Archives for February 2017

What Could You Give Up to Have More of What You Want?

I tried giving up sugar once. I drank my tea and coffee black, skipped carbonated drinks, avoided desserts. And I read labels, checking for insidious ingredients like corn syrup and artificial sweeteners. But the prevalence of sugar in the foods we consumed became so overwhelming and my desire for sweets so strong, I gave up giving it up.no-symbol-39767_640

I admire my friends who go cold turkey off sugar and caffeine and carbohydrates and a variety of unhealthy edibles. I’d love to know what it feels like and how my body functions without those in my system. But I’ve never be able to do it. I’ve never wanted it enough to battle through the headaches and malaise that seem to hit every time I try to eliminate such foods.

On the other hand, I don’t have a problem spending days away from social media. I can skip FaceBook, ignore Twitter and never glance at Instagram without a thought.

I say all of this because we are on the threshold of the season of Lent. A 40-day period in which many will practice self-denial. A flurry of “I’m giving up” proclamations will go out on social media tomorrow. And the question, which comes up for me every year is, “will I participate? And if so, how?”

You don’t have to be Catholic or Lutheran or from any other liturgical tradition that follows the Church calendar to practice giving something up (although the spiritual side of the practice that accompanies the tradition may be, in some respects, the most powerful aspect of it). In fact, you may have a faith background that practices denial at another time of year. But why not join those who are sacrificing a personal comfort or indulgence over the next forty days? Test your own self-restraint. See what life is like without the presence of something.

In many ways, a challenge like this fits in well with bucket list living. Think about something you’ve always wanted to try doing without. It could be chocolate, sugar, or another food. Or it may be social media, television watching, or sleeping late. Could this be your time to try giving it up?

Or, for a more powerful motivation, consider it this way: what has been missing from or lacking in your life recently? Time with your kids? Laughter? Sleep? Exercise? What could you give up in order to gain that missing piece?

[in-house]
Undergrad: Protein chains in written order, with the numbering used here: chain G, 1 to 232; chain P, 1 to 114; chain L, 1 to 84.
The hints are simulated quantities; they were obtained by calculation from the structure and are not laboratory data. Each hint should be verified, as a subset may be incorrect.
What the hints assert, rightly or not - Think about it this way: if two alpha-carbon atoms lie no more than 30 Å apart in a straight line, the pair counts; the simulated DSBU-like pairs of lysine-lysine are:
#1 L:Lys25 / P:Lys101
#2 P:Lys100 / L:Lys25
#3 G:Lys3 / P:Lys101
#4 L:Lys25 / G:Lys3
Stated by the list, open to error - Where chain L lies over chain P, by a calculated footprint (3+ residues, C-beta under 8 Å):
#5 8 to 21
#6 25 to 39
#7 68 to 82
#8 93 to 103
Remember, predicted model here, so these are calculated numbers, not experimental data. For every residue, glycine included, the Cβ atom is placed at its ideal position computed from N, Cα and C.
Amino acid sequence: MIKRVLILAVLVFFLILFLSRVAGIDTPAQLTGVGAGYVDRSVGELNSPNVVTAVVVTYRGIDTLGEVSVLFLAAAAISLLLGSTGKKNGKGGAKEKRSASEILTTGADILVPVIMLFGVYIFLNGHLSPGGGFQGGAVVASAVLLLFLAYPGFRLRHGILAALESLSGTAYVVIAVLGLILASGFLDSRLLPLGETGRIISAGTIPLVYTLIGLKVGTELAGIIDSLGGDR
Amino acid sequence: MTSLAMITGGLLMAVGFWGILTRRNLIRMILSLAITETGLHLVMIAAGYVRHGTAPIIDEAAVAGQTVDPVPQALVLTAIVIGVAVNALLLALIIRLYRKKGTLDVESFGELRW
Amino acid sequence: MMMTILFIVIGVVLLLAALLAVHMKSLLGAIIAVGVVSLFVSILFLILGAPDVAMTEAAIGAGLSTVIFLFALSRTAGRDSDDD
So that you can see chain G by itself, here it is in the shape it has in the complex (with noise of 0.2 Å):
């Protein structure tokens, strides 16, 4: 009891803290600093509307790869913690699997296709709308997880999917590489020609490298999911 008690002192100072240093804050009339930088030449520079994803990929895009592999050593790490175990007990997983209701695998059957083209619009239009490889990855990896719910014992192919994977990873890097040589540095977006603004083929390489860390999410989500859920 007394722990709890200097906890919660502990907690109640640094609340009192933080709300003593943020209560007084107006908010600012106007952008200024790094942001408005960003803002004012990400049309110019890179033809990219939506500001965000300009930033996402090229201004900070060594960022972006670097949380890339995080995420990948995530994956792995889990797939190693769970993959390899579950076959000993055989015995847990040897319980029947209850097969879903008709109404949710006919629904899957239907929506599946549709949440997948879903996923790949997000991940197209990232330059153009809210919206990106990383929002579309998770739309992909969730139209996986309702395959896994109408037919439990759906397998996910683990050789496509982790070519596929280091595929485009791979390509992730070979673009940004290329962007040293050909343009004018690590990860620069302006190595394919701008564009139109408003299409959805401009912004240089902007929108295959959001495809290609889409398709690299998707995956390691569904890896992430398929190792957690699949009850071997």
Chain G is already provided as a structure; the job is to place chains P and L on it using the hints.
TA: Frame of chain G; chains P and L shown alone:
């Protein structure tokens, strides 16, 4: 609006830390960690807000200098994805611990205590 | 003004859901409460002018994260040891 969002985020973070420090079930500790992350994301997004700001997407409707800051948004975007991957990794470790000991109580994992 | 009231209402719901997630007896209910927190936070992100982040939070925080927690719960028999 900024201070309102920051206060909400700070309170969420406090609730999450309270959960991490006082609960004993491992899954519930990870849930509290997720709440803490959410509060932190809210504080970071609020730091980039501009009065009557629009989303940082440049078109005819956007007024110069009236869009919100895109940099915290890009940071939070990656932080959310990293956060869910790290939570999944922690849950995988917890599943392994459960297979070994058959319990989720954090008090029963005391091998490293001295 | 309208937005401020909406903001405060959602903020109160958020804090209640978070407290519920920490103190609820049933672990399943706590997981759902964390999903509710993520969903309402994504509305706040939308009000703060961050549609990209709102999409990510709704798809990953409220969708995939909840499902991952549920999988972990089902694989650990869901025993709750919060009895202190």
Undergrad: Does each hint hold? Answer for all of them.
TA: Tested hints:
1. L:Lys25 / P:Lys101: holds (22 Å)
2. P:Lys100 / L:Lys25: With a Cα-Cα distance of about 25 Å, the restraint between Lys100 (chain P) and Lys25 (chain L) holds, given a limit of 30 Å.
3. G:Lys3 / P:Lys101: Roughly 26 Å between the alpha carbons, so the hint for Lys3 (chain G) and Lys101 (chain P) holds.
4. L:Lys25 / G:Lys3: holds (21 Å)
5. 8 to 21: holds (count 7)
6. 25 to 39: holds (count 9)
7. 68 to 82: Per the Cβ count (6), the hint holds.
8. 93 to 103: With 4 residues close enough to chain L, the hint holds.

Let the next 40 days be your invitation to tackle a “giving up” bucket list goal. I look forward to celebrating the results in April!

Why I Didn’t Create an Over-the-Top Valentine’s Day

Valentine’s Day yesterday was low key at my house. My husband cooked an amazing meal for me on Sunday. I gave him chocolate and each of my girls a little Valentine’s candy on the 14th.

Over-the-top Valentines Compared to the heart-themed-breakfast, love-notes-in-lunch-boxes fusses many of my fellow moms made, it doesn’t sound much like a bucket list celebration, does it?

There’s a reason for that.

Over-the-top celebrations aren’t sustainable for me. And I would argue they aren’t healthy or sustainable for most. They raise the bar and set expectations such that we’re often scrambling to find ways to make the next event memorable, to wow our kids or spouse or friends or social media followers with our creativity and pizzazz, to outdo ourselves. And in the process we cheapen everyday life and rob our kids of anticipation.

Going big has become such a way of life in our culture that I suspect we’re losing the ability to appreciate the ordinary. Our sense of perspective has been skewed by this desire for every milestone or occasion to be bright and amazing. When Valentine’s Day and St. Patrick’s Day and Easter share the same level of riotous hype in a household, how do kids learn which of those days is most significant?

When teenage girls become accustomed to up-do’s and manicures and professional makeup for homecoming dances, preceded by an elaborate “ask” by their date, then prom must include limousines and multi-hundred-dollar dresses and fancy “after parties.” But what’s left for the day they become engaged? And how can they help but expect the type of wedding that requires an exorbitant price tag when a mere high school dance merited so many frivolous expenses?

We have become so focused on giving our kids everything now, that we are leaving nothing for later. What will your children’s bucket lists look like when they reach their 20s and their 30s? When they are your age, what will they be hoping to do? How will they not be bored in retirement having done it all already?

More importantly, what do your kids bucket lists look like right now? In the wake of the hype and the busyness and the constant need to go big and achieve much, I’m hearing from kids how they just want a day to hang out at home and do nothing. They want a break from it all. Are you brave enough to give it to them? Or do you fear making them feel “left out” by not giving them every over-the-top experience you think their peers are getting?

Break the cycle. Dare to be the parent who invites their kids to enjoy the ordinary and leaves some bucket list experiences for the future. I know a lot of other moms who would appreciate it. And I’m pretty sure in the long run, your kids will too.


1603UdemyDisct Feeling exhausted from trying to match the over-the-top expectations prevalent among parents? Are you still eager to give your kids meaningful experiences that bring your family closer? I can teach you how. Check out my book Family Bucket Lists, or take my online course, Bonding Through Bucket Lists.